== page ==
Ex Situ Needs
 

References

Books (Single Authors)

Coffin, B.; Pfannmuller, L. 1988. Minnesota's endangered flora and fauna. Minneapolis: Univ. Minnesota Press. 473p.

Gleason, H.A.; Cronquist, A. 1991. Manual of Vascular Plants of Northeastern United States and Adjacent Canada. Bronx: The New York Botanical Garden.

Gray, A.; Fernald, M.L. 1987. Gray's manual of botany: a handbook of the flowering plants and ferns of the central and northeastern United States and adjacent Canada. Portland, Or.: Dioscorides Press. 1632p.

Ownbey, G.B.; Morley, T. 1991. Vascular plants of Minnesota: a checklist and atlas. Minneapolis: University of Minnesota Press. 307p.

Books (Sections)

Kartesz, J.T. 1999. A synonymized checklist of the vascular flora of the U.S., Canada, and Greenland. In: Kartesz, J.T.; Meacham, C.A., editors. Synthesis of the North American Flora, Version 1.0. North Carolina Botanical Garden. Chapel Hill, NC.

Weller, S.G. 1994. The relationship of rarity to plant reproductive biology. In: Bowles, M.L.; Whelan, C., editors. Recovery and Restoration of Endangered Species. Cambridge University Press. Cambridge. p 90-117.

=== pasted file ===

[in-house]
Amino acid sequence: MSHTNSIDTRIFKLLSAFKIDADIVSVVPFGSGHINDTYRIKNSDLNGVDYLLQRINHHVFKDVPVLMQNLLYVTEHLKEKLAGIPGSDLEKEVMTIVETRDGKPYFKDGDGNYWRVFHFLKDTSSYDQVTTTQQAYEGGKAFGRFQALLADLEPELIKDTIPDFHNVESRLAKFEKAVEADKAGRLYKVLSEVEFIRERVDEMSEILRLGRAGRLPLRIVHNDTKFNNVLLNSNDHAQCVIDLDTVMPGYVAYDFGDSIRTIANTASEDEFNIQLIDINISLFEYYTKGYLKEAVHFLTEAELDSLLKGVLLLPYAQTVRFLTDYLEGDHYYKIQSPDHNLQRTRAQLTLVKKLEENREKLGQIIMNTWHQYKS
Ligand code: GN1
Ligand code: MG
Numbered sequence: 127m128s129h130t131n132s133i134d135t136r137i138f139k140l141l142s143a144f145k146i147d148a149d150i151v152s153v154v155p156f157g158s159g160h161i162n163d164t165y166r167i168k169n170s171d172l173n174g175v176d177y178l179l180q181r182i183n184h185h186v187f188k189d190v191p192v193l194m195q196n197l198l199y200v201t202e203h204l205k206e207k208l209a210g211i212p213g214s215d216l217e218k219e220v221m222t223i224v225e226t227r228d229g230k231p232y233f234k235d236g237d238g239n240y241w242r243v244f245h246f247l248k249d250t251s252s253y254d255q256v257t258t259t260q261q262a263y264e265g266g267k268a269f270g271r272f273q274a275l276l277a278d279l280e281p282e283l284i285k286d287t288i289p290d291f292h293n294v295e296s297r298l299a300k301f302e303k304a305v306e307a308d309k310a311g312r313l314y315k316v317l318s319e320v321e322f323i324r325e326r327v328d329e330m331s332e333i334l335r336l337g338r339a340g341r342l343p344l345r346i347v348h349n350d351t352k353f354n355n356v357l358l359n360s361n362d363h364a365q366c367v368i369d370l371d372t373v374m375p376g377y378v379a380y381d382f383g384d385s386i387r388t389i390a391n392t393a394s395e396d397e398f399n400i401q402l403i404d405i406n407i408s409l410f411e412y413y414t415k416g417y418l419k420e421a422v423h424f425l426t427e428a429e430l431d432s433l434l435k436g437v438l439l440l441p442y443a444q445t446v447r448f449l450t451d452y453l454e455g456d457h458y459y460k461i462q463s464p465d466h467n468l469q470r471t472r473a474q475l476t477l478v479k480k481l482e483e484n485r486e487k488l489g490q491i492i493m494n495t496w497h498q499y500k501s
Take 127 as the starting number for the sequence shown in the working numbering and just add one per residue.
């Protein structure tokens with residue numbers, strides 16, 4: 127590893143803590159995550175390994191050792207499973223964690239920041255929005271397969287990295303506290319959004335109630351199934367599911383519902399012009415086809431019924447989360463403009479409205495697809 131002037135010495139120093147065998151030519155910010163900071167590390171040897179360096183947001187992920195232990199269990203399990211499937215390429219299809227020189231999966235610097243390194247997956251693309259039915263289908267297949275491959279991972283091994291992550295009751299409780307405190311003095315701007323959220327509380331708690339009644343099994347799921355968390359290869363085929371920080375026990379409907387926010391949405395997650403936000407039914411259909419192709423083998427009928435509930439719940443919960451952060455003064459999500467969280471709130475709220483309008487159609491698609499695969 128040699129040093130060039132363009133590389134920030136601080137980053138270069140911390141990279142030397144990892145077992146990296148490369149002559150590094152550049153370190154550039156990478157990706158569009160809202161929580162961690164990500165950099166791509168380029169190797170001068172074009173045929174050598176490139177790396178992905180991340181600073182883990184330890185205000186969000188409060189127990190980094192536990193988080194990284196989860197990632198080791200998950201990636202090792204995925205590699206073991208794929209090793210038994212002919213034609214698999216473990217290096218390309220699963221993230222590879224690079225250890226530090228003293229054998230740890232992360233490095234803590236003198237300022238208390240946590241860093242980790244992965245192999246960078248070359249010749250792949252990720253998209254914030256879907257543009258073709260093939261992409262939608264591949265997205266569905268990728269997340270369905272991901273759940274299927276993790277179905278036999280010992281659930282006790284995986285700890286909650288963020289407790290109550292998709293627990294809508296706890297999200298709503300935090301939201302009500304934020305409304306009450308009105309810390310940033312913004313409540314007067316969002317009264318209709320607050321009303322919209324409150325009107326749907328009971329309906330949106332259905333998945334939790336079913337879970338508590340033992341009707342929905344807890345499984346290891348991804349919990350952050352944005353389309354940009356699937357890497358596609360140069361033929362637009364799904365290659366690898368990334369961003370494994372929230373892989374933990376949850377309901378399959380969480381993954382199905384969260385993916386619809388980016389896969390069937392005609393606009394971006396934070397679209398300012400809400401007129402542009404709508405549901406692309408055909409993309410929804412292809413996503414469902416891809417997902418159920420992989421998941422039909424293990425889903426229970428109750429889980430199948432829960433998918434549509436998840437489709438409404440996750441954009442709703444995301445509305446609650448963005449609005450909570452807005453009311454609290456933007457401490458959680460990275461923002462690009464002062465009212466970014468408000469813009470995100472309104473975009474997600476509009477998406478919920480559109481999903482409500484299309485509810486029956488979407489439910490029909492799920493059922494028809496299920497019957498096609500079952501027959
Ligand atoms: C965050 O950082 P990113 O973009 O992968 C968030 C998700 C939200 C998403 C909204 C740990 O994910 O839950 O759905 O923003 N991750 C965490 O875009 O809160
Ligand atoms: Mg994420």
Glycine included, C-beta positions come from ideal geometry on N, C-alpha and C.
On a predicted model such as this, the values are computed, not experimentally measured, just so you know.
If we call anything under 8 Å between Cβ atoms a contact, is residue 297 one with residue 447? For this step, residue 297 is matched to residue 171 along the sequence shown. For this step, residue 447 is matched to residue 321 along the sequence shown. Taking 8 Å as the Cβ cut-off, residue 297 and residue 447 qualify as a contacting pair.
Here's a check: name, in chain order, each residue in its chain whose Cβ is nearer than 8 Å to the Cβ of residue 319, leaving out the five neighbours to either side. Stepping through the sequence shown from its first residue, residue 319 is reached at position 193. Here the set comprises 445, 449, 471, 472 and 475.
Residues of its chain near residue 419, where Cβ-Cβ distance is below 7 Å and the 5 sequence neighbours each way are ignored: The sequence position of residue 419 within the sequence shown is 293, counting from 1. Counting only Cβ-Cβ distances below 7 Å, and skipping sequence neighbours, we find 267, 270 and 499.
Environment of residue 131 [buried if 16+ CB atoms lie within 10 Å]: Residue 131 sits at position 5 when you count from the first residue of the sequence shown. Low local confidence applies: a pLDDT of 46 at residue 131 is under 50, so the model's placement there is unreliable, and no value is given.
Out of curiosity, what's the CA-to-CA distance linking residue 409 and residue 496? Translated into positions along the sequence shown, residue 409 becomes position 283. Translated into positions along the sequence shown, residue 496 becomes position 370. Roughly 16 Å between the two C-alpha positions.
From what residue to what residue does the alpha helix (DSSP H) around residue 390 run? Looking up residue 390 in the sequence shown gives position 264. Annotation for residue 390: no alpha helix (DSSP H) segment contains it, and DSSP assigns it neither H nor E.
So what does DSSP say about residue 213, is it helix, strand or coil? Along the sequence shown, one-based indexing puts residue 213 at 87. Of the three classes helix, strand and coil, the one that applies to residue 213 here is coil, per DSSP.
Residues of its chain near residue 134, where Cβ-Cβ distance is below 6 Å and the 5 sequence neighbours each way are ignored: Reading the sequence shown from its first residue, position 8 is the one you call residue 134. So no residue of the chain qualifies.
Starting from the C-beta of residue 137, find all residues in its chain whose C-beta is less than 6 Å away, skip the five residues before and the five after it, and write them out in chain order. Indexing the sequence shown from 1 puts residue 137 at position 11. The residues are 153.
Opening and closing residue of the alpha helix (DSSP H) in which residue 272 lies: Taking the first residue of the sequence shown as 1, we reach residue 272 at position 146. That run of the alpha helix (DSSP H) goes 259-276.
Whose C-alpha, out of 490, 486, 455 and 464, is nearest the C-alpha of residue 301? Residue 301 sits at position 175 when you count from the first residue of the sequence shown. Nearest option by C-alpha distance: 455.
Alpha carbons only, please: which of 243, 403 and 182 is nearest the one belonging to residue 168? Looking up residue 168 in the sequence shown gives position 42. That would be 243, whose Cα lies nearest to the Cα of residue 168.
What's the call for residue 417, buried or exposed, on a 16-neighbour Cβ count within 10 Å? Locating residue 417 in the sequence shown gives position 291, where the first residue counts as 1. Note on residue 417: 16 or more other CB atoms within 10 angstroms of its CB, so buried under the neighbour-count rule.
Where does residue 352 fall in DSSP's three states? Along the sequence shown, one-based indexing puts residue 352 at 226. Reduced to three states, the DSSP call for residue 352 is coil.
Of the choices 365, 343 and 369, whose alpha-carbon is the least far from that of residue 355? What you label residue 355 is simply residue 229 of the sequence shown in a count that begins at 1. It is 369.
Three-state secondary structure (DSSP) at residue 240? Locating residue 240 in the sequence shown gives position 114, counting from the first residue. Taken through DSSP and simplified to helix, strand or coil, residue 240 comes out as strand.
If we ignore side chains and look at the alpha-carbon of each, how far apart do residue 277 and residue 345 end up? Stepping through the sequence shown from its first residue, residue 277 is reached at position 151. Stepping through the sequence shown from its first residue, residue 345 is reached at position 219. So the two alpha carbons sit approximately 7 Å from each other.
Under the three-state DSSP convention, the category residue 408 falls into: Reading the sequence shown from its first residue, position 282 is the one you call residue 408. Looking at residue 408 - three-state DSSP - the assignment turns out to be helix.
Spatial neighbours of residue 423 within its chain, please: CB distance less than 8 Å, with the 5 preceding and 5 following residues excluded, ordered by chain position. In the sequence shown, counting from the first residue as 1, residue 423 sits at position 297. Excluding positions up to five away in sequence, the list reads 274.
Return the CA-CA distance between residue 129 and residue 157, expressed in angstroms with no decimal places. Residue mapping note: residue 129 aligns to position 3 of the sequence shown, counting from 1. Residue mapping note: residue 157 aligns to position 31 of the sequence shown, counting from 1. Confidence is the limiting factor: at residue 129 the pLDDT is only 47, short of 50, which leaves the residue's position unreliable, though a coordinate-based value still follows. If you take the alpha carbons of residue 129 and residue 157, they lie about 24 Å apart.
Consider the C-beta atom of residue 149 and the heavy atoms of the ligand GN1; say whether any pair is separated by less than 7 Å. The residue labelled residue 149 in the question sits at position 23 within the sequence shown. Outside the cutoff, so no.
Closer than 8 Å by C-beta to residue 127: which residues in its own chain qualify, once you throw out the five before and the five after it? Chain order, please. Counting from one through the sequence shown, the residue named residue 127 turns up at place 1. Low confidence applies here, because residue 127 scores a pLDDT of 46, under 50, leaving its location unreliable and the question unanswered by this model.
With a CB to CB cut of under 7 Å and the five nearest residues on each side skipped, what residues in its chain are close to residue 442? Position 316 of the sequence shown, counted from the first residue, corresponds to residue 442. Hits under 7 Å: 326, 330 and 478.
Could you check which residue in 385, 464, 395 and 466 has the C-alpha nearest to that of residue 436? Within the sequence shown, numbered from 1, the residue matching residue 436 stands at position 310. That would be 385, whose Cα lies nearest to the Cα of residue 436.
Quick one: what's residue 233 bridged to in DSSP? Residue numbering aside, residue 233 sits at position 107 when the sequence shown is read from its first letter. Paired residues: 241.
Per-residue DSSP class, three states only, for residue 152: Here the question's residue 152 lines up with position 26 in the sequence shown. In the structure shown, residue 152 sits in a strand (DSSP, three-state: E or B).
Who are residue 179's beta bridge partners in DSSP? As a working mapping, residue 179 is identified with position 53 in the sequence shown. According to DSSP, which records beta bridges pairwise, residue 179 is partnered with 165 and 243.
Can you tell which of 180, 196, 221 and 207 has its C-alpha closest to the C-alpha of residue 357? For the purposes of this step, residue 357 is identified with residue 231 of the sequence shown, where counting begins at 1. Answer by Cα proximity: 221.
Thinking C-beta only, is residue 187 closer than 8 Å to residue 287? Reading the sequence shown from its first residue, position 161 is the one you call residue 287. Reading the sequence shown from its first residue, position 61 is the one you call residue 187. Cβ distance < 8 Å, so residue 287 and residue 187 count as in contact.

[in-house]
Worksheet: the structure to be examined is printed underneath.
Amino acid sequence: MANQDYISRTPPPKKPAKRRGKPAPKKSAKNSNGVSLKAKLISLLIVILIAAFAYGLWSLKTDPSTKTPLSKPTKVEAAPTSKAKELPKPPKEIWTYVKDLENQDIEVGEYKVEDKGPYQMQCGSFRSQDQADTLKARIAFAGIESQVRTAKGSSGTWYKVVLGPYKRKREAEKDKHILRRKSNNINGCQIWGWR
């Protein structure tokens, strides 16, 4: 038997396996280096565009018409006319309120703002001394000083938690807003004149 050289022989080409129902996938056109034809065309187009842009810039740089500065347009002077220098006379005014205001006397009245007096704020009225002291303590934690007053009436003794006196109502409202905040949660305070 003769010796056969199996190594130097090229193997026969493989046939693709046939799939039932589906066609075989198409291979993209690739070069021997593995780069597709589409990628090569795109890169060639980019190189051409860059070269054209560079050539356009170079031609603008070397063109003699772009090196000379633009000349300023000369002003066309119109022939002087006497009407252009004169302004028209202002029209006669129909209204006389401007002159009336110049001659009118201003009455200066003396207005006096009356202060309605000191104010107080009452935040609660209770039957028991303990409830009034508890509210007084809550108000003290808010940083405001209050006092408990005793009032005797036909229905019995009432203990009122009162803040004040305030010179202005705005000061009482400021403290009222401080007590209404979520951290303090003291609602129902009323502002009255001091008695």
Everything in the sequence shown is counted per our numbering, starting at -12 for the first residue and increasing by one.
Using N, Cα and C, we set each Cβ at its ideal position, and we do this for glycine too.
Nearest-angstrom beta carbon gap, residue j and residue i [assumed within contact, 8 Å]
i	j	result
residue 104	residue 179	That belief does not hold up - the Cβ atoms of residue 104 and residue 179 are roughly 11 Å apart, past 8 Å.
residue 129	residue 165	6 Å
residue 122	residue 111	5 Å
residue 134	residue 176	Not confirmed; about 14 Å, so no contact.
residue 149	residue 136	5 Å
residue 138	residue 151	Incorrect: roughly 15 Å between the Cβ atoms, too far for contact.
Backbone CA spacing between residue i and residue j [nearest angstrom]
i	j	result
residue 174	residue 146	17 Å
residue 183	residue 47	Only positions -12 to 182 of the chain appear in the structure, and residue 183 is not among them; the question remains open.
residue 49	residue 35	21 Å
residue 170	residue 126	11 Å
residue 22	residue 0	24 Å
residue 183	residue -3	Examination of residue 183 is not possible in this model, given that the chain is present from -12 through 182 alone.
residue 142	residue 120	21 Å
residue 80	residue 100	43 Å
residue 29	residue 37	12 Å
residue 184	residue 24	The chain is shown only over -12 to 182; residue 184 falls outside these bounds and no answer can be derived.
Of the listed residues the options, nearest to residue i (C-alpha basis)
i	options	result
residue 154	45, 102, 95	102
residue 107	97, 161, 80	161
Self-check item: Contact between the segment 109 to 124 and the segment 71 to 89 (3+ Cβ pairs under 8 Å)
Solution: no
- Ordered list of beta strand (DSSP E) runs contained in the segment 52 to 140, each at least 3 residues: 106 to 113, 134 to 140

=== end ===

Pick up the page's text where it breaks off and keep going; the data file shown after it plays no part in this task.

Journal Articles

Banks, J.A. 1980. The reproductive biology of Erythronium propullans and sympatric populations of Erythronium albidum liliaceae. Bulletin of the Torrey Botanical Club. 107, 2: 181-188.

Gray, A. 1871. A new species of Erythronium. The American Journal of Pharmacy. VI

Morley, T. 1982. Flowering frequencies and vegetative reproduction in Erythronium albidum and E. propullans, and related observations. Bulletin of the Torrey Botanical Club. 109, 2: 169-176.

Morley, T. 1988. Observations on colonies and on seedling growth of apparent hybrids between Erythronium-albidum and Erythronium-propullans. Phytologia. 65, 2: 97-102.

Mueller, L. 1995. The Lilies of Schluters' Woods. Endangered Species Bulletin. 20, 3: 15.

Pleasants, J.M.; Wendel, J.F. 1989. Genetic Diversity In A Clonal Narrow Endemic, Erythronium Propullans, And In Its Widespread Progenitor, Erythronium Albidum. American Journal of Botany. 76, 8: 1136-1151.